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Can anyone tell me what I can add to Buttercream frosting that doesn't include shortening and will still allow me to keep the cake at room temperature?

I hate the taste of shortening

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I'm not a fan of the taste of shortening on its own, but if you add enough vanilla (or other flavoring) and sugar into the icing, you shouldn't have the shortening taste coming through. –  Joe Mar 21 at 16:13

3 Answers 3

Whip butter, and then add whipped egg whites

Then blend in sugar which has been boiled to "soft ball" state (115°C or 240°F)

Should be plenty of recipes on the web

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There are several different types of icing that are referred to as buttercream, none of which require the use of shortening, including:

  • American Buttercream -- Butter, powdered sugar, perhaps some milk, and flavoring such as vanilla beaten together. While some recipes call for shortening, using actual butter gives a better flavor. See a sample recipe from Savory Sweet Life.

  • French Buttercream -- Egg yolks are beaten and cooked by adding hot sugar syrup (at the softball stage). The yolk mixture is then beaten until it is cool, and butter and then butter and flavoring is beaten in. See sample recipe from Chicago Tribune.

  • Italian Buttercream -- An Italian Meringue (egg whites beaten with hot sugar syrup) is prepared and then cooled, and butter and flavoring beaten in. See sample recipe from Martha Stewart.

Any of these are stable at room temperature for a day or two, but like most perishable foods, should not be held indefinitely.

In addition to buttercreams, you may wish to consider other frostings which don't contain shortening, including ganache (chocolate melted with hot cream and cooled), whipped ganache (ganache that has been beaten until it is foamy), and Seven Minute Frosting (essentially a meringue frosting).

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All these are safe enough for a day or two at room temperature, but when the cake is decorated elaborately, the fine details melt slightly. Roses but, petals droop, hanging ribbons might fall off. This is why buttercream decorated cakes are held in the fridge, especially in warmer climate. Shortening, with its different melting pattern, is safe. –  rumtscho Mar 21 at 8:32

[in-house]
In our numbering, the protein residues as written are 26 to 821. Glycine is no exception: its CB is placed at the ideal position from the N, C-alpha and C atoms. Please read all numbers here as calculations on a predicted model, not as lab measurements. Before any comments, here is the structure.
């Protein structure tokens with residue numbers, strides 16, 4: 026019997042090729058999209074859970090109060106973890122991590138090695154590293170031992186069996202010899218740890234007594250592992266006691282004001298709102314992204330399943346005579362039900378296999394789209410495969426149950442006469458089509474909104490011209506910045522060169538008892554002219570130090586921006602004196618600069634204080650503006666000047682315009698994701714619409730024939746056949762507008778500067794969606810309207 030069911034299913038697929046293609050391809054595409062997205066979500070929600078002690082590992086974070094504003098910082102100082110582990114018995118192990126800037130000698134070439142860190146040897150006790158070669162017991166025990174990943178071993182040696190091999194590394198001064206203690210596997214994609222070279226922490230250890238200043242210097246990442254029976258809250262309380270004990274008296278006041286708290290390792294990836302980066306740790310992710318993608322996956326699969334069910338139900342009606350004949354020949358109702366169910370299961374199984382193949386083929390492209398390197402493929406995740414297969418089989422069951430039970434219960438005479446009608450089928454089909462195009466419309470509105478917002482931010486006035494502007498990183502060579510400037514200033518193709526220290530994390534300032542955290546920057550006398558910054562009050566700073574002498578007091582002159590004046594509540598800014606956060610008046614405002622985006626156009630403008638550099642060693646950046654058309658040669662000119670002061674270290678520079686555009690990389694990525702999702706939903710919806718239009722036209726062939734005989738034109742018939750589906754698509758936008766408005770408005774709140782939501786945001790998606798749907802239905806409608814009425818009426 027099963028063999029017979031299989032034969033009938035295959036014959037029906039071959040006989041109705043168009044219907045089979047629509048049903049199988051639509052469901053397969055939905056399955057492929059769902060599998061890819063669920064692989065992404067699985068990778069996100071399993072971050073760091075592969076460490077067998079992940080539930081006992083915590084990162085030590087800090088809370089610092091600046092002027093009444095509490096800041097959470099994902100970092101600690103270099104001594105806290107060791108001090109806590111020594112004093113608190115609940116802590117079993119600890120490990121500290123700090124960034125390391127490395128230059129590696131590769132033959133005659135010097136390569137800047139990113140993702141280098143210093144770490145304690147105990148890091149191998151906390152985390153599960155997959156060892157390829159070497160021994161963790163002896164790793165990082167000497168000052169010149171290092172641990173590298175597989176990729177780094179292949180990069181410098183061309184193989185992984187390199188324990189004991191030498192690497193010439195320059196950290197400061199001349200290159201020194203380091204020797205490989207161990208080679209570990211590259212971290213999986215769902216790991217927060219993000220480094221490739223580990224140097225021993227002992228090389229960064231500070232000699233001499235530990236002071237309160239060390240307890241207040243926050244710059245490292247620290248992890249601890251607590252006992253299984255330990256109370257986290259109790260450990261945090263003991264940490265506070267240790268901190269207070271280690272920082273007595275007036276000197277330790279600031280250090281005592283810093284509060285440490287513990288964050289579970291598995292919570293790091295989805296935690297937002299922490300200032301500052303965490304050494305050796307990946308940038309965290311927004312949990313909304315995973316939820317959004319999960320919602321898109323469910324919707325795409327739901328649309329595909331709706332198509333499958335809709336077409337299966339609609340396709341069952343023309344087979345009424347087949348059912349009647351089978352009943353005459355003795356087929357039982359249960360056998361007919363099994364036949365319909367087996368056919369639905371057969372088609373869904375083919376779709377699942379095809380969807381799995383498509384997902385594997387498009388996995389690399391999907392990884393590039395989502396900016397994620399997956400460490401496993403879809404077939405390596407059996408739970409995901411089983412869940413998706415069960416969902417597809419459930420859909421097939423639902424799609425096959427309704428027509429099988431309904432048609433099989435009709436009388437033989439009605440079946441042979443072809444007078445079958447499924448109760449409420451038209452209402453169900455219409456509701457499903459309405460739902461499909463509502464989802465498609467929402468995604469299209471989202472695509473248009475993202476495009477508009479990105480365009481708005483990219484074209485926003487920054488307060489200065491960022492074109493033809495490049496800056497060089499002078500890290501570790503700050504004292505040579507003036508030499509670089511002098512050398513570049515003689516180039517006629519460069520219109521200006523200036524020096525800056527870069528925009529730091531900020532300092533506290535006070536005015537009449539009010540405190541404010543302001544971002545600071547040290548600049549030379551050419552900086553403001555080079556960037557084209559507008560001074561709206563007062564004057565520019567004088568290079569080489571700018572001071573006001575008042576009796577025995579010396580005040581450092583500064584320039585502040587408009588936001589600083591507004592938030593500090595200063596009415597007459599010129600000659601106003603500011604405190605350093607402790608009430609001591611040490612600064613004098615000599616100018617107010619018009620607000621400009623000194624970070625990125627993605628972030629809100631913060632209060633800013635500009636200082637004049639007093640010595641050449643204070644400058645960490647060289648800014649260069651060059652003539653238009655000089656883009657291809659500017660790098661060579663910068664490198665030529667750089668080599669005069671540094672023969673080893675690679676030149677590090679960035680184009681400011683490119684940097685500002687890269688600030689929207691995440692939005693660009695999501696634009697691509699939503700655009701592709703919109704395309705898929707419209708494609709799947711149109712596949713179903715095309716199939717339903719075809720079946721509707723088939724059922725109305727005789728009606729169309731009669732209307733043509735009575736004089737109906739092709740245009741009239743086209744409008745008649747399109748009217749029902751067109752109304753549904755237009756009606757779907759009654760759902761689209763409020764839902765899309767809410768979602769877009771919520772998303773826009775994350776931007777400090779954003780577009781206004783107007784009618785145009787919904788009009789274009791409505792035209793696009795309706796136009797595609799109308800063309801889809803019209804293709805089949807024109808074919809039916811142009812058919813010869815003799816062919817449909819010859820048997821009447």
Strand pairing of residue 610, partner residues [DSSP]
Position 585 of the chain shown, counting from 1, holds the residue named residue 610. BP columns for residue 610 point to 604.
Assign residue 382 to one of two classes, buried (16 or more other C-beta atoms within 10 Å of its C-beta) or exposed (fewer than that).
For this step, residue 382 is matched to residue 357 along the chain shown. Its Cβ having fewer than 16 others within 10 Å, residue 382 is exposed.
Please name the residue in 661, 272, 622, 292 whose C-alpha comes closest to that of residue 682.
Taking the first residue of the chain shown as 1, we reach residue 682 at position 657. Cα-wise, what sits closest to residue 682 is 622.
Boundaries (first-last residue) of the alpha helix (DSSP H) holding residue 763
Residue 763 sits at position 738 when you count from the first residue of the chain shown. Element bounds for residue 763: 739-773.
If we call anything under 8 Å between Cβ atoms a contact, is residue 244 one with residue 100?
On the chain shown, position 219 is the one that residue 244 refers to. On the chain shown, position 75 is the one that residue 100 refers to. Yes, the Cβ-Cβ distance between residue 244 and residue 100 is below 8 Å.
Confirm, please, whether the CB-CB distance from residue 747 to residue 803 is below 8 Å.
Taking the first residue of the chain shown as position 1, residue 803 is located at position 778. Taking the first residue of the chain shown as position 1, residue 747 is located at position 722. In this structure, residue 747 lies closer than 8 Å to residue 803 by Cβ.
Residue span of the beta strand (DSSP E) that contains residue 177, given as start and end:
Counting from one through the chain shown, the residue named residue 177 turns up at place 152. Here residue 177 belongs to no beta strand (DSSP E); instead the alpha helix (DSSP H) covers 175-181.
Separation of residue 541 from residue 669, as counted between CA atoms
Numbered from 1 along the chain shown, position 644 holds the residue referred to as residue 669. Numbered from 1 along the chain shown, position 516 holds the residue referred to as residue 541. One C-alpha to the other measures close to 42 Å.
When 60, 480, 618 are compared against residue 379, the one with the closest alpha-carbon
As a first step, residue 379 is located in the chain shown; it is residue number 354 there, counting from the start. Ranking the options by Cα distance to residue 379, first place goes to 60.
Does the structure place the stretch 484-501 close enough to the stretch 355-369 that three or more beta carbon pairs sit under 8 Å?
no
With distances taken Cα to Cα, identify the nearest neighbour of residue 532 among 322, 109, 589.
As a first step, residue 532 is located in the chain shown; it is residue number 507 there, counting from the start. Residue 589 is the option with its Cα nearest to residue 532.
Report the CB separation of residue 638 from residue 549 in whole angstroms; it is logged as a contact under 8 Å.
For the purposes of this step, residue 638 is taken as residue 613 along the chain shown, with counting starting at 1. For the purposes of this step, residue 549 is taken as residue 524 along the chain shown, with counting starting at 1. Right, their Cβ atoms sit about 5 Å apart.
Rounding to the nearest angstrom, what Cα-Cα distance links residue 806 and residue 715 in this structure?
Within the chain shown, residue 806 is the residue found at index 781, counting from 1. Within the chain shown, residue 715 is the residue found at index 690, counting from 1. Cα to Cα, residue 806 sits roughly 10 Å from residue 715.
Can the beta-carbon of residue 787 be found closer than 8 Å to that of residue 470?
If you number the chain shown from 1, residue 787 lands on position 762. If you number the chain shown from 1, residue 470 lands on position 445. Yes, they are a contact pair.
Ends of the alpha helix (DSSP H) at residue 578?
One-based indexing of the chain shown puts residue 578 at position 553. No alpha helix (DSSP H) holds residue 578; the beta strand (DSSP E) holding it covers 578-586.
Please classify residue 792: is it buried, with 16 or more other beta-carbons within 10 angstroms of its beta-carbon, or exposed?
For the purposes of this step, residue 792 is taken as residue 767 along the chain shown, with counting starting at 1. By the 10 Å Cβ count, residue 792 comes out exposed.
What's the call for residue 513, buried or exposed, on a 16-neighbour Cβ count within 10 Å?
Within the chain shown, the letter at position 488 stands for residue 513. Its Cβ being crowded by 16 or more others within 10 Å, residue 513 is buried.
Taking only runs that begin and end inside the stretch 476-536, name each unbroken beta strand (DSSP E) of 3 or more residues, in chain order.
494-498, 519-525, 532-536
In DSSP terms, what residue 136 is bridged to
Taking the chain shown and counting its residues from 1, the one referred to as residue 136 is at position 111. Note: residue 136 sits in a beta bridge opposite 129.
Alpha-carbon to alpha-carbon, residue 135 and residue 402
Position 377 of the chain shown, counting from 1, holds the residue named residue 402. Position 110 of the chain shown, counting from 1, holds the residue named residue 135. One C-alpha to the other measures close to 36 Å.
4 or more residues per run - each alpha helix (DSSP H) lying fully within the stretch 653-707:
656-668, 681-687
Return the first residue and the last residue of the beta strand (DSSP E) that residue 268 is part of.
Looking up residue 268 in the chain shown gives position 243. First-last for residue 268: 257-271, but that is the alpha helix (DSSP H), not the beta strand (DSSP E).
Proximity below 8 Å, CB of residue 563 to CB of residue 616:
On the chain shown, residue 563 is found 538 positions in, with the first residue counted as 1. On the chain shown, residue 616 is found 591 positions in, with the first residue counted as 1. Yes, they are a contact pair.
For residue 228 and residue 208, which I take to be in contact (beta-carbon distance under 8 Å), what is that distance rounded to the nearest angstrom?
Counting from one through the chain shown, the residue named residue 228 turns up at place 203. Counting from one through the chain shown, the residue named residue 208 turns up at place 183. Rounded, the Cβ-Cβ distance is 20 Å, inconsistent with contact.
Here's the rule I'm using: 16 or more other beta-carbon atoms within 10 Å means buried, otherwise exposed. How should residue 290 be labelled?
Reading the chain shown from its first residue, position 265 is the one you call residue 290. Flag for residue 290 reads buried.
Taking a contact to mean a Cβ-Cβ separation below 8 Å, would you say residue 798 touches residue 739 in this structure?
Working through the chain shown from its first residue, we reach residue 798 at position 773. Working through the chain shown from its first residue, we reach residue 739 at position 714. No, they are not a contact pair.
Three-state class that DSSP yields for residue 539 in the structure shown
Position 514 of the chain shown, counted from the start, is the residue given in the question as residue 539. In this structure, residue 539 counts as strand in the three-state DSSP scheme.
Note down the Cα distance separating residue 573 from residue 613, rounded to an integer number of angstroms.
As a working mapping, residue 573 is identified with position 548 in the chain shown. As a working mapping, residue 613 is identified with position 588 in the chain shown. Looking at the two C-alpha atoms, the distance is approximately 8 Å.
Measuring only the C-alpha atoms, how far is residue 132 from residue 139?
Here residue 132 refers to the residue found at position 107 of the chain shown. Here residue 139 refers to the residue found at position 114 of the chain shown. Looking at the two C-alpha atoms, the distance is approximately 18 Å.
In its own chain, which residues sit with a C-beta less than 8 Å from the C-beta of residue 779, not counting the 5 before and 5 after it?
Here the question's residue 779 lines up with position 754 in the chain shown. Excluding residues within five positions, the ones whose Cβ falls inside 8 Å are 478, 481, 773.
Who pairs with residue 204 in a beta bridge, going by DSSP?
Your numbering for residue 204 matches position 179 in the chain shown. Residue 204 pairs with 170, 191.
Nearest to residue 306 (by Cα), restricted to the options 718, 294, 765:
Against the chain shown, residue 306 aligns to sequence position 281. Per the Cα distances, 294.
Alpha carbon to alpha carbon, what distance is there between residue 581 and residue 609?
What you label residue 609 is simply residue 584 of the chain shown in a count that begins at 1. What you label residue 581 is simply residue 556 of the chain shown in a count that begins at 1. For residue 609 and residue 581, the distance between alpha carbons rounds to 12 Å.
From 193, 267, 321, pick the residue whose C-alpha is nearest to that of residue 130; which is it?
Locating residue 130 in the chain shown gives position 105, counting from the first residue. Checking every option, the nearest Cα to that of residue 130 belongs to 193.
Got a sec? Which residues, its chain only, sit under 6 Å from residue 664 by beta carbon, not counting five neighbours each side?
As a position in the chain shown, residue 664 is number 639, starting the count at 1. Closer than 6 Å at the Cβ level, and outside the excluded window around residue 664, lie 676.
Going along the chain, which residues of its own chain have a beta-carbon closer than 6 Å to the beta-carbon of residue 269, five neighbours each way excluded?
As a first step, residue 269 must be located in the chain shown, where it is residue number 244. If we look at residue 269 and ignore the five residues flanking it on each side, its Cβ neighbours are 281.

@rumtscho Sure, and truly elaborate decorations are done wit royal icing which has all of the good flavor of plaster of paris, but also its fine structural properties. The OP did not mention decorations, though. –  SAJ14SAJ Mar 21 at 10:16

Buttercream frosting is kept in the fridge because the butter softens too much at room temperature. Decorations lose their definition, and many people prefer the firmer texture for the taste.

There is no way to change the properties of butter, so you will have to work with another fat if you can't refrigerate. The problem is that all solid fats bring their own taste into the frosting. You can have frosting which tastes of butter and is safe to eat for 1-2 days outside of the fridge, but turns soft. (If that's what you want, SAJ's answer is great). You can have frosting which tastes like something else and keeps firm. But you can't have both at once.

If you want a firm frosting, shortening is usually the best choice, because it has the most neutral taste. But if you are for some reason sensitive to the taste, you can use other firm fats, which will change the taste. A good choice which will probably harmonize well with many cakes is coconut fat. It is very firm at room temperature (unless you live in the tropics), and cocos taste is frequently associated with sweet pastries. Palm fat could be another alternative, but I guess that more people will have an aversion to an unexpected palm fat taste in cake than to an unexpected cocos taste in cake.

A different solution might be cocoa butter softened with dairy butter. Cocoa butter on its own is too hard, but carefully mixing it should give you a more spreadable result slightly reminiscent of soft white chocolate. The problem (beside the expense) is that no standard recipe for buttercream will work with such a mixture. If you haven't done standard chocolate work before (truffles, guanduja etc. from scratch), I wouldn't recommend going that way, as it is really very finicky. But it might be worth a try if you have previous experience in conditoring.

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You're forgetting about 'butter flavored shortening' ... which will fool most people, especially when you cover it up with vanilla and sugar. (but there's no fun in hiding it, because I love the expression on people's faces when they tell you how great the icing is, and then you tell 'em it's whipped crisco). (crisco == a brand of shortening in the US) –  Joe Mar 21 at 16:11
    
@joe I believe you, but I don't think I could that for my own pride... I would know. –  SAJ14SAJ Mar 22 at 10:12

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